Jasmine Jenkins reports from Gibraltar: First we had a stand-off on the high seas, with about 30 Spanish fishing dinghies and some policemen from Spain and Gibraltar in their speedboats, popping up and down on the waves off the coast, glaring at each other intensely and demonstrating some pretty fancy manoeuvring. Lots of nervious smoking was involved as well, to give more drama to the proceedings. All part of the current crisis in relations between Spain and Britain over the ownership of Gibraltar.
And now a British warship has arrived in Gibraltar, HMS David Cameron, only joking of course, to flex a bit of military muscle even though, as I’ve been told by reliable people, there is no ammunition on it due to cuts in the military budget. Just sailors trained to assume threatening positions on deck and shout offensive things in Spanish and other languages. The ship, which incidentally is called HMS Westminster, is going to spend three exciting days in Gibraltar, proving beyond any doubt that the British government is standing shoulder to shoulder with the people of the territory, just like Foreign Secretary William Hague had promised. (Lovely man, Hague, if only he would have a slightly different tone of voice to make him sound manly.)
In case you have been busy sorting out your private life or doing a bit of gardening or DIY and missed the current crisis developing, let me fill you in on the details. It all started ages ago actually, with Spain hinting to Britain that it wants its Rock back, but tensions heated up last month when the Gibraltarian government, which consists of two people, decided to drop some concrete blocks into the sea off its coast, to save the marine life from the Spanish fishermen, who are too lazy to venture out to sea and were concentrating on the fishies at hand. And from then onwards it was all downhill, with border checks some lasting up to 5 hours introduced on the Spanish side making it a hassle for drivers to get to the Rock. (Incidentally, Gibraltar is not an island, as many people think, so you can actually reach it by car from Spain.)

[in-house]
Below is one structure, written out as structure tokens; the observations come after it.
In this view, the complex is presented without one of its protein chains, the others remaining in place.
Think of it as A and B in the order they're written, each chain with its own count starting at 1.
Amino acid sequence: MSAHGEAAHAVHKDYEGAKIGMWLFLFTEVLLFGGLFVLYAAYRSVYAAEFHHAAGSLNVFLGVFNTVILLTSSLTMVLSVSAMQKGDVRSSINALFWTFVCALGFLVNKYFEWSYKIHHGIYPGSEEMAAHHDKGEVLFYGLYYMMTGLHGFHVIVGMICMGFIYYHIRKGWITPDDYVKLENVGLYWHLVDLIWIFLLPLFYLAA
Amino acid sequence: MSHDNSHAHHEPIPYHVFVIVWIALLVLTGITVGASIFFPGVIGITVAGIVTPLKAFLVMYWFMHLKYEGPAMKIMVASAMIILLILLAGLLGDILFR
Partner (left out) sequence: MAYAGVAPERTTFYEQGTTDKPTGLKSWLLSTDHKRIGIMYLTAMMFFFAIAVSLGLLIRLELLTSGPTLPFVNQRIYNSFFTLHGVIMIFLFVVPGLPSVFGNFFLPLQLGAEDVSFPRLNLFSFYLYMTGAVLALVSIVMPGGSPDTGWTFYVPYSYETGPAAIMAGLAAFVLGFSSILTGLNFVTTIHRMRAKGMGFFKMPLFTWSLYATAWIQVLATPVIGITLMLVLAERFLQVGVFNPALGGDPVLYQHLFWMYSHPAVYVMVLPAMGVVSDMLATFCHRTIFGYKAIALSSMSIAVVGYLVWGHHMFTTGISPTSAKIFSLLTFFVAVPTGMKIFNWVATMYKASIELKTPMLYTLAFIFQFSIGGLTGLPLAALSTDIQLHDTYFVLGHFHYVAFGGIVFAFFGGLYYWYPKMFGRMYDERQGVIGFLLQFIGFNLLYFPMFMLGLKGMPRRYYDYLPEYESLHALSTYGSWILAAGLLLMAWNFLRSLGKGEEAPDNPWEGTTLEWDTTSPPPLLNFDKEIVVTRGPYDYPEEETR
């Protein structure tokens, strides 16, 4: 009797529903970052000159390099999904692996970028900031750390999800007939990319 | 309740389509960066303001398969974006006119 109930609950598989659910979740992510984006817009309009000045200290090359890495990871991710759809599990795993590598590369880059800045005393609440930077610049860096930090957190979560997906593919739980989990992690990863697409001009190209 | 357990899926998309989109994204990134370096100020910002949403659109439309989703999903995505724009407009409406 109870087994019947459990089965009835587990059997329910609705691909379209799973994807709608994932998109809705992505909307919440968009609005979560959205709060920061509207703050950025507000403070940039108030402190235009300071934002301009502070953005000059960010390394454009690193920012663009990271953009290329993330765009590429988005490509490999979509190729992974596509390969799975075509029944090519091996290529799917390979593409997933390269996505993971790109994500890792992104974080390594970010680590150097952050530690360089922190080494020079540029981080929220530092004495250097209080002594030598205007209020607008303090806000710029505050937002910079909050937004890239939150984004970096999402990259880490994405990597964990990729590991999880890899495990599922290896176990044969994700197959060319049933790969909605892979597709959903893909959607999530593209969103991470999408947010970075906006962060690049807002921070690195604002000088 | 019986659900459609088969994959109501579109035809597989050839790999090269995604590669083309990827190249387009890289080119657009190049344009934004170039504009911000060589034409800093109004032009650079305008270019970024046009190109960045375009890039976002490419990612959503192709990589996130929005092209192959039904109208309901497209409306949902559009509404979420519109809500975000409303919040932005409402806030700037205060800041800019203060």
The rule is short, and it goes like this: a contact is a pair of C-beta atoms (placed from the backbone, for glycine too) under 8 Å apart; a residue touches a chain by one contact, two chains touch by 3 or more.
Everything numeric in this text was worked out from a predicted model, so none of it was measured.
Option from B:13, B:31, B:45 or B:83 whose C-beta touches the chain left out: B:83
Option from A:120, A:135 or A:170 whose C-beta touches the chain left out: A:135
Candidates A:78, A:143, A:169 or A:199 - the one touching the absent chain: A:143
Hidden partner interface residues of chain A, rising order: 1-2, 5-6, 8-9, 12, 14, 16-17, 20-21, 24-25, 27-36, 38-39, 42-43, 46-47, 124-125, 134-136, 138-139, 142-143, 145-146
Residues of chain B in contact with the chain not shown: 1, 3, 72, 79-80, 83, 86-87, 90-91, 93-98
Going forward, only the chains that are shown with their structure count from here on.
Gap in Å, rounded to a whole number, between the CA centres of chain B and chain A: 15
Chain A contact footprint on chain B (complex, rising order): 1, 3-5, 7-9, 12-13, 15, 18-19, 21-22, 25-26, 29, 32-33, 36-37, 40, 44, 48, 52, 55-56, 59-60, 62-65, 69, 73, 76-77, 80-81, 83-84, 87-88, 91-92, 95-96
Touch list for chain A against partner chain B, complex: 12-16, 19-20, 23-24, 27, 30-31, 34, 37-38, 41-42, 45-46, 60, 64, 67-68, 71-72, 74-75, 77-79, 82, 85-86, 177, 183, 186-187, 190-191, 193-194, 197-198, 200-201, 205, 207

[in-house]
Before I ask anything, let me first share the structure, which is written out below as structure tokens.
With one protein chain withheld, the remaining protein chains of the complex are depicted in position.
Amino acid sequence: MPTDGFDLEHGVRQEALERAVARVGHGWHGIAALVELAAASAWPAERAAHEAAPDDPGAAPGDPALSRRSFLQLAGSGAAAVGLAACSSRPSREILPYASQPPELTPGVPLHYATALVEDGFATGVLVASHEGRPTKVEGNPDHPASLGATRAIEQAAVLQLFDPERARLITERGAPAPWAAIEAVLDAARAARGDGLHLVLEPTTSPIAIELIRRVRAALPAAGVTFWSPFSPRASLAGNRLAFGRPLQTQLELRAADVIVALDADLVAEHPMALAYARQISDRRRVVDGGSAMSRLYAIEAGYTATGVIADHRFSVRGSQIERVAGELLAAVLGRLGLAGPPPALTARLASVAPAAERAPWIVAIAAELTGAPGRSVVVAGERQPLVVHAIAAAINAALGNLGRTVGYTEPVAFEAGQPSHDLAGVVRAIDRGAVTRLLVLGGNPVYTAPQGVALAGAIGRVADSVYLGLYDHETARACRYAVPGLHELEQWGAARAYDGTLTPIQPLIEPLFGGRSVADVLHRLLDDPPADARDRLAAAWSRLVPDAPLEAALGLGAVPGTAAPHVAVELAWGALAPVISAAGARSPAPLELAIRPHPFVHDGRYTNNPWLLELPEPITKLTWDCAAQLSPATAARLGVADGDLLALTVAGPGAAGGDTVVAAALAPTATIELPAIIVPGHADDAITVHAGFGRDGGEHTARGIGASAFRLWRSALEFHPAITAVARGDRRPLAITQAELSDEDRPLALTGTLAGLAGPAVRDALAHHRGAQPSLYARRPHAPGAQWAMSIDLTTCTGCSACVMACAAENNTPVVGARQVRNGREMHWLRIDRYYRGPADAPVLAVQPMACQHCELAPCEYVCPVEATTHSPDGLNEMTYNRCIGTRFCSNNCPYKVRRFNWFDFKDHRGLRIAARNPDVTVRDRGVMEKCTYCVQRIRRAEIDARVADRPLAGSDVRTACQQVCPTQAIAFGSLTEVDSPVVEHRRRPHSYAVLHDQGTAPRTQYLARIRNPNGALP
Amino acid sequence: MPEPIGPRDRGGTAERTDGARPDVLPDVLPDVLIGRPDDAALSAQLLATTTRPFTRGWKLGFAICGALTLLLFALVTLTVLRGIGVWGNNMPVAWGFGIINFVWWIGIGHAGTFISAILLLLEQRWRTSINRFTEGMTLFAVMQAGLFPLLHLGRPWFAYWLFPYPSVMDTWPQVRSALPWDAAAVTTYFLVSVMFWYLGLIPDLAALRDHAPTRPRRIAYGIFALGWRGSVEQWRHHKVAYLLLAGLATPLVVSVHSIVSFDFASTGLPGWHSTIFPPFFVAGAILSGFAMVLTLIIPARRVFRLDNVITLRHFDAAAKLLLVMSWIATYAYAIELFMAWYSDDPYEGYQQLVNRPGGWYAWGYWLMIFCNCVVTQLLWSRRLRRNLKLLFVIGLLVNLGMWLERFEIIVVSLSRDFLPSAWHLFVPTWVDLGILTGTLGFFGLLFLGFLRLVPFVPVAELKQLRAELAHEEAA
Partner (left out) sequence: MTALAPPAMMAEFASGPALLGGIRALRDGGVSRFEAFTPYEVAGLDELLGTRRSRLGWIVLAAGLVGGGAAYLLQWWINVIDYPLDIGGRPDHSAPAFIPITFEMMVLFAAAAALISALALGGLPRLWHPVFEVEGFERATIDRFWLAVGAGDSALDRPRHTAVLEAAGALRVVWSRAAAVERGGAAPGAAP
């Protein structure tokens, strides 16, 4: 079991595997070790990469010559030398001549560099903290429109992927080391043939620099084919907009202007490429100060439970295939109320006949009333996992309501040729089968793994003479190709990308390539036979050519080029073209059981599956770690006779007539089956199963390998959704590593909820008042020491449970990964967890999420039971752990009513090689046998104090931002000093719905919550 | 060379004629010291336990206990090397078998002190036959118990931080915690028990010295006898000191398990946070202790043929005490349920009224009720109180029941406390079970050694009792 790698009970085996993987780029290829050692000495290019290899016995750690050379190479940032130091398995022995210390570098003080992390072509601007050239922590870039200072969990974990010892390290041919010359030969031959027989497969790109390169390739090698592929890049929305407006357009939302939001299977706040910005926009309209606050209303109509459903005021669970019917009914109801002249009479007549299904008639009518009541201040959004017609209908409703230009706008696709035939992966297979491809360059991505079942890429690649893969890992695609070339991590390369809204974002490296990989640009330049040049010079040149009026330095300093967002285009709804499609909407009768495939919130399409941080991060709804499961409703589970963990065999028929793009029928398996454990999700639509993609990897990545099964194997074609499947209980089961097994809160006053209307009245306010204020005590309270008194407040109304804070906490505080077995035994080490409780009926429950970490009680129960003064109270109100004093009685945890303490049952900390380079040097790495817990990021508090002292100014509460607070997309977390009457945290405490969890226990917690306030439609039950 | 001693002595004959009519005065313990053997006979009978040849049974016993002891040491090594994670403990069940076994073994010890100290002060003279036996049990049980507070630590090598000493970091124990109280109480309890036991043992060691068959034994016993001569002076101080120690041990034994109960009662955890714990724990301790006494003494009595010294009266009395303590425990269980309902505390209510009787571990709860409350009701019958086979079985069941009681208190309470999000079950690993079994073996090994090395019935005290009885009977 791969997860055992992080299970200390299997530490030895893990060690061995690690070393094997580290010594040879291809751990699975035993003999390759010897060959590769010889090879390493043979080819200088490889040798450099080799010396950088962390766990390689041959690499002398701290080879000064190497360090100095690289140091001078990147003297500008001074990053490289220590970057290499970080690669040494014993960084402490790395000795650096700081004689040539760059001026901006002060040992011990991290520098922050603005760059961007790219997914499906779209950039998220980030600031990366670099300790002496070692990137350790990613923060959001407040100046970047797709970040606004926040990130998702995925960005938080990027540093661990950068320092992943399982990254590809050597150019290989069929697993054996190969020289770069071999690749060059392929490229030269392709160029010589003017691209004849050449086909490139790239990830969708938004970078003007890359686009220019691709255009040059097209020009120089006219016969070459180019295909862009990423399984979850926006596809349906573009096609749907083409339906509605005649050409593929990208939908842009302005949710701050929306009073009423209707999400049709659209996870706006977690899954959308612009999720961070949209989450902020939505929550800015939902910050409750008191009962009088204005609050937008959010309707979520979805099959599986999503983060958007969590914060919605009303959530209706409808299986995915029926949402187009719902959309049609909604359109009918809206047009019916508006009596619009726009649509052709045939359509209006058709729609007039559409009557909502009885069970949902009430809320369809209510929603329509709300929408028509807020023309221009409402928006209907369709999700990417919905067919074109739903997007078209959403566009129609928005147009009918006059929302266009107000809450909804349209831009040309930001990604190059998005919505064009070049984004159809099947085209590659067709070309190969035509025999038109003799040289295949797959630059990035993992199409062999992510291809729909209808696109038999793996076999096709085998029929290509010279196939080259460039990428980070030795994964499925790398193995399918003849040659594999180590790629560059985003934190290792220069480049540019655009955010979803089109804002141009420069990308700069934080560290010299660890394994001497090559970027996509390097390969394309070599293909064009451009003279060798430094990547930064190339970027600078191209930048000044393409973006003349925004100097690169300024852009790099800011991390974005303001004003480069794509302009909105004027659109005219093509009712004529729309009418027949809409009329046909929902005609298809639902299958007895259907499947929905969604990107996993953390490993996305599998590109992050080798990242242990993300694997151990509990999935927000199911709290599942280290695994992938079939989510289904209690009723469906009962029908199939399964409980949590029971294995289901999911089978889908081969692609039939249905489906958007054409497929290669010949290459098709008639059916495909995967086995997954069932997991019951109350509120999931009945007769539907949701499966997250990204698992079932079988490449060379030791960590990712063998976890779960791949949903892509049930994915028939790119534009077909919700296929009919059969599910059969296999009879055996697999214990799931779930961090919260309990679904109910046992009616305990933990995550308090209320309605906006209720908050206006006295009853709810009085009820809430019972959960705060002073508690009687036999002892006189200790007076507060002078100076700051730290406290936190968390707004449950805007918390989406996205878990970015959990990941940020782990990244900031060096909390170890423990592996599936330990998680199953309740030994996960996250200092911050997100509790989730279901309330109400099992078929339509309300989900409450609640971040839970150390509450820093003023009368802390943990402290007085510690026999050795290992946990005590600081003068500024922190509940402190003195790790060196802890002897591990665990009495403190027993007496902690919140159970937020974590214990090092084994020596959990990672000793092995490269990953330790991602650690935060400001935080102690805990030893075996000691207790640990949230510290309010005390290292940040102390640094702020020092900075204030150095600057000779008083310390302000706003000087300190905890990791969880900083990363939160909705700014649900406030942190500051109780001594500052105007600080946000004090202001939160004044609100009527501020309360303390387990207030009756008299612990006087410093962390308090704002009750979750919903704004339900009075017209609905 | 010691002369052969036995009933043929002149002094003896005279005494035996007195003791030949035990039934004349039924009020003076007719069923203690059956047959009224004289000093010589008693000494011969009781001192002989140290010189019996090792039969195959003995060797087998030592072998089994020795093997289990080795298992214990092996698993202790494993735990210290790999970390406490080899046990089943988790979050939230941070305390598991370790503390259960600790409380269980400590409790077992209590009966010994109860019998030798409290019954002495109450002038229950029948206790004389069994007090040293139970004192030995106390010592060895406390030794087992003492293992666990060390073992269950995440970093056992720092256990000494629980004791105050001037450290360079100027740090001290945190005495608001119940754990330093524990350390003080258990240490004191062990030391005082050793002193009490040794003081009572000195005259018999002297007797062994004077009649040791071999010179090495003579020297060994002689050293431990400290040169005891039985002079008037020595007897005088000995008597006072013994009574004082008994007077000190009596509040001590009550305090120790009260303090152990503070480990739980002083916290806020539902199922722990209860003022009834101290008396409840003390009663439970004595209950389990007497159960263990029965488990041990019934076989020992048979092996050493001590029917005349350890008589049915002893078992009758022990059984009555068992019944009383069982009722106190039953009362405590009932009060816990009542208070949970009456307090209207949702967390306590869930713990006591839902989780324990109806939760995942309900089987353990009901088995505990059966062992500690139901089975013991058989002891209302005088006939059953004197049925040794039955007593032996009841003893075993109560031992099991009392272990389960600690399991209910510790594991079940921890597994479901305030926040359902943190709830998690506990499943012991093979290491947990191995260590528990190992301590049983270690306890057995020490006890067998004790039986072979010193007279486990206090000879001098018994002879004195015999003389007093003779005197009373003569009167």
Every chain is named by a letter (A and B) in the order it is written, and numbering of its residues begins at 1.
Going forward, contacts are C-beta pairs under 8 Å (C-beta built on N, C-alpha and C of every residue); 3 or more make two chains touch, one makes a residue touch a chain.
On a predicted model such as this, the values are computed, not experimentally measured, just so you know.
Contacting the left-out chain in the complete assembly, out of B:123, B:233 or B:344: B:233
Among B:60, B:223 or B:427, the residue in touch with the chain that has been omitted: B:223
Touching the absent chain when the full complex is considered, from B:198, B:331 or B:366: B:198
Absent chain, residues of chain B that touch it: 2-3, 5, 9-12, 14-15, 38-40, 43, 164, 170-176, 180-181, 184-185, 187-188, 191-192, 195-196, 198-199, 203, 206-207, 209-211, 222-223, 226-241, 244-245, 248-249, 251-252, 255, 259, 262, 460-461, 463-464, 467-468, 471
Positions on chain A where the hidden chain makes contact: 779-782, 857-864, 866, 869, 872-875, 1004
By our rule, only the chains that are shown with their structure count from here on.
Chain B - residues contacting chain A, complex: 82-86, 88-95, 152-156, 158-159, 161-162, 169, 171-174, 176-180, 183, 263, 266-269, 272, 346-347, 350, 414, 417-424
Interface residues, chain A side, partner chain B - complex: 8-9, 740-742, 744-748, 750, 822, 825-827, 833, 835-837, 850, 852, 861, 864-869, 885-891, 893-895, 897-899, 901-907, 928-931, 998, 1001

The British Defence Ministry said that HMS David Cameron, ooops, sorry, HMS Westminster, a type 23 frigate if you’re keen to know all the exciting details, popped up in Gibraltar on its way to ‘pre-planned’ war games in the Mediterranean and the Gulf with other ships. But we, seasoned political observers, can read between the lines and see this as a show of force, probably approved by the Cobra committee chaired by Mr Cameron, over the phone from Cornwell, where he is currently planning his autumn reshuffle with his lovely wife SamCam. Sam, in case you don’t know this, helps her husband to come up with all sorts of policies, including the one on Syria, where she went on a fact finding mission and showed the locals a thing or two about power dressing. (She went to Lebanon actually but it was in connection with the Syrian refugee crisis so we might just as well say she went to Syria.) It was Sam, who told David to start saying that the British economy was growing by the day, and he did just that, and all of a sudden the statistics started to confirm his gut feeling and all the hacks followed suit.
But what of the Spanish government, you may be asking yourself, the one that is headed by Mariano Rajoy, who is a joy to look at for any woman with good taste in men, but not really faring all too well with running his once great nation? Well, Mariano, and I hope his wife will forgive me for calling him by his first name, the pesky ladies’ man, is battling corruption allegations at the moment and trying to keep his economy afloat, not very successfully in both cases I may add without a hint of sarcasm. So is it any wonder that Mariano is thanking his lucky start that he has a stand-off with Britain to deal with which is such a great distraction from the trouble at home. And if he could fund the money to put fuel into a Spanish navy warship, sending it to Gibraltar, then the crisis will be complete. Two military ships locked in a stand-off. Stuff of dreams, if you ask me.
The beauty of the current situation is that the crisis can run for ever basically, with both the Spanish and the British governments telling their respective domestic audiences that they can’t attend to matters of state when their national security is at risk. Yes, it’s a farce that keeps on giving.